Thirdly, I’m doing this for my family, my rock. There’s something sublime in knowing you are prayed for. There’s something empowering in knowing you are loved no matter what. (There’s also something really appealing about not living on your couch next year, mom and dad!)
And finally, I’m doing it for Him. I’m doing it because it was His Hands that set me in this place, and His Love that placed these burning desires within my heart. We each have a mission, or as I like to think of it, a heavenly, beautiful story that He writes through us as we journey home. So, even should this next chapter not quite work out according to my plans, I know I’m not the one who knows best (thank goodness!) and I truly believe that there is a peace that surpasses all understanding.
It’s pretty simple, really, this is just me answering Your call with “yes.”
(Confession: I had to google “manifesto” before publishing this to make sure using the word wouldn’t make me a comrade…).
Feet bounce over cloud-grey concrete;
The morning ritual has begun.
Giving them the rhythm of my habitual soundtrack,
I’m lulled into my tiny, selfish circles.
Whatever is true, whatever is noble…
I raise my eyes from running feet to running river,
To panting breeze, to energetic sun, to intrepid shores.
They say God wrote us two love-letters:
The Bible and nature.
In a surprise leap, the Missouri River banks transform before my eyes
Into the raging Cliffs of Mohr, then the lay skirts of the Potomac,
And finally, the lapping shores of Cotton Lake.
Oh God, who makes the mountains melt…
Come wrestle us and win.
Surely the Beckoner of the breezes mingles sands and stones into one;
Nature’s natural innocence is more easily redeemed than ours.
But wait! Friend, look at me again with your ocean eyes.
I think He wrote three.
Deep calleth unto deep. –Psalm 42:7
It is no accident that lofty thoughts blossom forth in beautiful places.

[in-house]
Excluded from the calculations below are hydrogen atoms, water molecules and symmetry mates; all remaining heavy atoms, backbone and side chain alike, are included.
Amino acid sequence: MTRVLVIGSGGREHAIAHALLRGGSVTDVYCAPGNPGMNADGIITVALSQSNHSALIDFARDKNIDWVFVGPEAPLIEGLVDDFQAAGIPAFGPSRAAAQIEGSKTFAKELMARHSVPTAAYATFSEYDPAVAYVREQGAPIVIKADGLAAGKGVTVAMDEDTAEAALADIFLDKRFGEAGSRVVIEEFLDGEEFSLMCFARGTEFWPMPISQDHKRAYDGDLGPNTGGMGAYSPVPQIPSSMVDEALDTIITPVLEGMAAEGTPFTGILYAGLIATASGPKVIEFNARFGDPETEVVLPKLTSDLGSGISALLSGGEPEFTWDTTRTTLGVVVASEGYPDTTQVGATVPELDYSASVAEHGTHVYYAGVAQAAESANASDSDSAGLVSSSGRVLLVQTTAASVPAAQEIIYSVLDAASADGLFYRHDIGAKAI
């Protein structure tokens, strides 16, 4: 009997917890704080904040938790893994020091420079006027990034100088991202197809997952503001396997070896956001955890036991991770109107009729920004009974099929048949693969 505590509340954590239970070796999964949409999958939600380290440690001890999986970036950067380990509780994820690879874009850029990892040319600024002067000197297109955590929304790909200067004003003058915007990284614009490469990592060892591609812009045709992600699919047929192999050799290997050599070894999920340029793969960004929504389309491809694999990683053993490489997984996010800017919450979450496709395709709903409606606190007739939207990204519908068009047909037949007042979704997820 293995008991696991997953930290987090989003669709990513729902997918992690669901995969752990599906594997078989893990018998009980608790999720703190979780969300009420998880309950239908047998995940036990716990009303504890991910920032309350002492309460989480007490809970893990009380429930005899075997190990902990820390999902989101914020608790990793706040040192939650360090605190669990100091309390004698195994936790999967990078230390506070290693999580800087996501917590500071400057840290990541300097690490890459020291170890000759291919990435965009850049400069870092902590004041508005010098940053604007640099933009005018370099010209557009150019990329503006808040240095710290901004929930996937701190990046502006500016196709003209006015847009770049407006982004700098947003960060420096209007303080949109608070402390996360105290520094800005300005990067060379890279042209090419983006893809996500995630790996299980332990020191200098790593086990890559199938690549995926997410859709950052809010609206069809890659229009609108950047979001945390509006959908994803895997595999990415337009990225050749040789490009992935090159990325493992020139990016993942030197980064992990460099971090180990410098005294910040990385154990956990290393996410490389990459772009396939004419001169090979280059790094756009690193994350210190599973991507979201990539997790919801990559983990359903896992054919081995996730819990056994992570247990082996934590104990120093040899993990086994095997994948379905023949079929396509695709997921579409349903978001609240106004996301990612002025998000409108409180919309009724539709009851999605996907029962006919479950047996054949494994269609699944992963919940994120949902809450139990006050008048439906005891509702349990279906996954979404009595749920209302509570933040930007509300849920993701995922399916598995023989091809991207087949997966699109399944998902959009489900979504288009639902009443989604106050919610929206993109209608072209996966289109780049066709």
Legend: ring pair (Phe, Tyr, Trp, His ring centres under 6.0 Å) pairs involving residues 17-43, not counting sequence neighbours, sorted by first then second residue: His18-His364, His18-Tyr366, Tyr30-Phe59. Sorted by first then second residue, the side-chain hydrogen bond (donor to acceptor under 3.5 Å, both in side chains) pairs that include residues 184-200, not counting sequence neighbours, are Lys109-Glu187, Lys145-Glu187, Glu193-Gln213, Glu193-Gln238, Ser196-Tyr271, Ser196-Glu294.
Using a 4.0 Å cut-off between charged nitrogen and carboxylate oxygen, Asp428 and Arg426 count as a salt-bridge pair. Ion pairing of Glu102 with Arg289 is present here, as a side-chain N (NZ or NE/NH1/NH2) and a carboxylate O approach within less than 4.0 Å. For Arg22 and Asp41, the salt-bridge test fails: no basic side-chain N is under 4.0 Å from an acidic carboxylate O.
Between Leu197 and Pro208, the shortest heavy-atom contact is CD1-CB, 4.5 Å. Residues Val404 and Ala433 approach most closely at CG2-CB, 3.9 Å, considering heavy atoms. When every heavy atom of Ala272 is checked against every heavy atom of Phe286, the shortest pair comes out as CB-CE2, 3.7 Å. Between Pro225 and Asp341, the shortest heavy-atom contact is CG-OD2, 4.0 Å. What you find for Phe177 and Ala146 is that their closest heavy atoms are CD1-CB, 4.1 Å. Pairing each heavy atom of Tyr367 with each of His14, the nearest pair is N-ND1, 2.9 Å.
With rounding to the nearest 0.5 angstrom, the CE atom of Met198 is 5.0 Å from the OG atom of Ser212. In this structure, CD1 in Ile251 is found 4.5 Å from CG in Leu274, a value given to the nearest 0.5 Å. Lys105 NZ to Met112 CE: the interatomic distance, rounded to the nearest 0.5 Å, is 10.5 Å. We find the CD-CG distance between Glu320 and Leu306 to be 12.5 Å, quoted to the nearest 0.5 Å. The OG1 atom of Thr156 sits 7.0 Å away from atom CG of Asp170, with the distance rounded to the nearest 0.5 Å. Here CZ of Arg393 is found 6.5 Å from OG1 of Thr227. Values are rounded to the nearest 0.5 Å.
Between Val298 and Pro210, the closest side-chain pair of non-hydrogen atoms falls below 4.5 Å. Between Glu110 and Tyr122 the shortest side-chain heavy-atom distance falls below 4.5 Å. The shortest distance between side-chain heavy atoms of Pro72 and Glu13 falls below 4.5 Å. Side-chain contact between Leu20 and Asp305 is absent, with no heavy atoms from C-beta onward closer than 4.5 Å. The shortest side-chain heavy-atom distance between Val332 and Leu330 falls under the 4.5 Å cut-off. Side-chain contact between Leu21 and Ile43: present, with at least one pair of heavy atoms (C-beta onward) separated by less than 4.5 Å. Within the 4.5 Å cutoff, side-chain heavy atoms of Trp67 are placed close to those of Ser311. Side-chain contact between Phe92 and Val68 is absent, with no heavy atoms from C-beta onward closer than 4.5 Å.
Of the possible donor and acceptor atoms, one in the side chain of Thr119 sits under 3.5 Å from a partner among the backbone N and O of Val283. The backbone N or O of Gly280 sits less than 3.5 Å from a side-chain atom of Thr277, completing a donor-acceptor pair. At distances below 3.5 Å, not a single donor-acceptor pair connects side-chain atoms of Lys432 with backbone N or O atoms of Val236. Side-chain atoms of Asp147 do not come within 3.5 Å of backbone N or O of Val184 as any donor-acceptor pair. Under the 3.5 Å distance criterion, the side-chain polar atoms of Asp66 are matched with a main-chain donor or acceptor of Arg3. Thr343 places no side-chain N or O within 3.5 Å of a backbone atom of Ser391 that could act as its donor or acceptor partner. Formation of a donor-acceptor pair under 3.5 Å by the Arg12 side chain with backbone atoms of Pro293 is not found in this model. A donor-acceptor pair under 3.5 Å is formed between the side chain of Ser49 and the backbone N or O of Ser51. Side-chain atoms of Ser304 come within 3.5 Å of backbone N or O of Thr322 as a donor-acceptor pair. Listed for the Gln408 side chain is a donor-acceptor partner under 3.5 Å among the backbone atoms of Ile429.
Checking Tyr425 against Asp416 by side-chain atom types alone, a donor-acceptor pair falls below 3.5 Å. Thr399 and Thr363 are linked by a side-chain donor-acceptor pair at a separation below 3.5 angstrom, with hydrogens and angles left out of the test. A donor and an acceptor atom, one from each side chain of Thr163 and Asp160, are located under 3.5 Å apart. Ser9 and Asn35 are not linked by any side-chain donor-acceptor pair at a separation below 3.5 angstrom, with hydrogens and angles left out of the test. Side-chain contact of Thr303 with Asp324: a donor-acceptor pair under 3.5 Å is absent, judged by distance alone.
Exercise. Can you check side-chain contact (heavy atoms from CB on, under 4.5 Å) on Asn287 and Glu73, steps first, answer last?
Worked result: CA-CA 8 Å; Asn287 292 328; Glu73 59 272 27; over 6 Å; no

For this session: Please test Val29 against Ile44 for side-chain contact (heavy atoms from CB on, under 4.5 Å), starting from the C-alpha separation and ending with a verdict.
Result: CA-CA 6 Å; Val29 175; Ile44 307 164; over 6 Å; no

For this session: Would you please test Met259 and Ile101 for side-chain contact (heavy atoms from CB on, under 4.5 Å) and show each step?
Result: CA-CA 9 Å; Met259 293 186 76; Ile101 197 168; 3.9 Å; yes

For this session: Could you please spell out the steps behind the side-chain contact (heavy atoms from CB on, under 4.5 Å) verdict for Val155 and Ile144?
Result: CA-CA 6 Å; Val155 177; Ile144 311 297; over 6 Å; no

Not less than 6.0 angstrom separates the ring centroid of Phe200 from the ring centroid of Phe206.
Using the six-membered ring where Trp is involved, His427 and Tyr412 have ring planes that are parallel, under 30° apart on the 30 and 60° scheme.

But the really interesting thing is that man’s monuments and God’s landscapes do not push inspiration from the outside-in; rather, they engender a planted seed. Something already in us resounds and responds in harmony. An easy example is the clarity that emerges from our muddled minds when we find ourselves in the presence of a thundering waterfall, opulent temple, star-speckled sky, or keeping quiet vigil as the baby sleeps on our chest. In forgetting ourselves through contemplation, we feel as if we have returned to ourselves. There is a mystery in that.
It is for this reason that I’ve found myself studying in the Library of Congress lately (…also did I mention that they have a fantastic gift shop?). The magnificent trappings of the exterior and interior are undeniably conducive to good work. While reading (this and listening to this) in the company of new-friend and very-new-friend, I took a pause to look up and noticed eight named figures, History, Commerce, Religion, Science, Law, Poetry, Philosophy, and Art, encircling the dome.
Above each was an inscription:
History: One God, one law, one element, and one far-off divine event, to which the whole creation moves. —Tennyson
Commerce: We taste the prices of Arabia, yet never feel the scorching sun which brings them forth. —Anon
Religion: What doth the Lord require of thee, but to do justly, and to love mercy, and to walk humbly with thy God? —Micah 6:8
Science: The heavens declare the glory of God, and the firmament sheweth his handiwork. –Psalm 19:1
Law: Of law there can be no less acknowledged that her voice is the harmony of the world. —Hooker
Poetry: Hither, as to their fountain, other stars repairing, in their golden urns draw light. —Milton
Philosophy: The inquiry, the knowledge, and belief of truth is the sovereign good of human nature. –Bacon
Art: As one lamp lights another, not grows less, so nobleness enkindleth nobleness. —Lowell
How marvelous that a cluster of words, written down by a human being long ago, still calls out to us with power. No person enters the channels of time without leaving an impact, but it’s clear that a select few have been gifted with the most eloquent (or frankly boisterous) voices around our large family dinner table. Though the intellectual in me is sorely tempted to add my cluttered commentary to each phrase, I instead want to focus on the small, silent whisper threaded throughout each of them: There is something greater to come.
So the takeaway from this little rumination? Don’t ever fool yourself into thinking that this is all there is. There’s a reason you feel more at home in beautiful places than anywhere else.
You were made for something more.
I had told myself that I would not write (save the nightly journal of course) until I had completed my weeks of vigorous GRE prep (hey there, un-missed pal of high school math). But… give a girl a delayed flight home from Texas, and she’ll take an essay. Prudence did convince me to divide this train of thought into halves, however, and so here lies part one.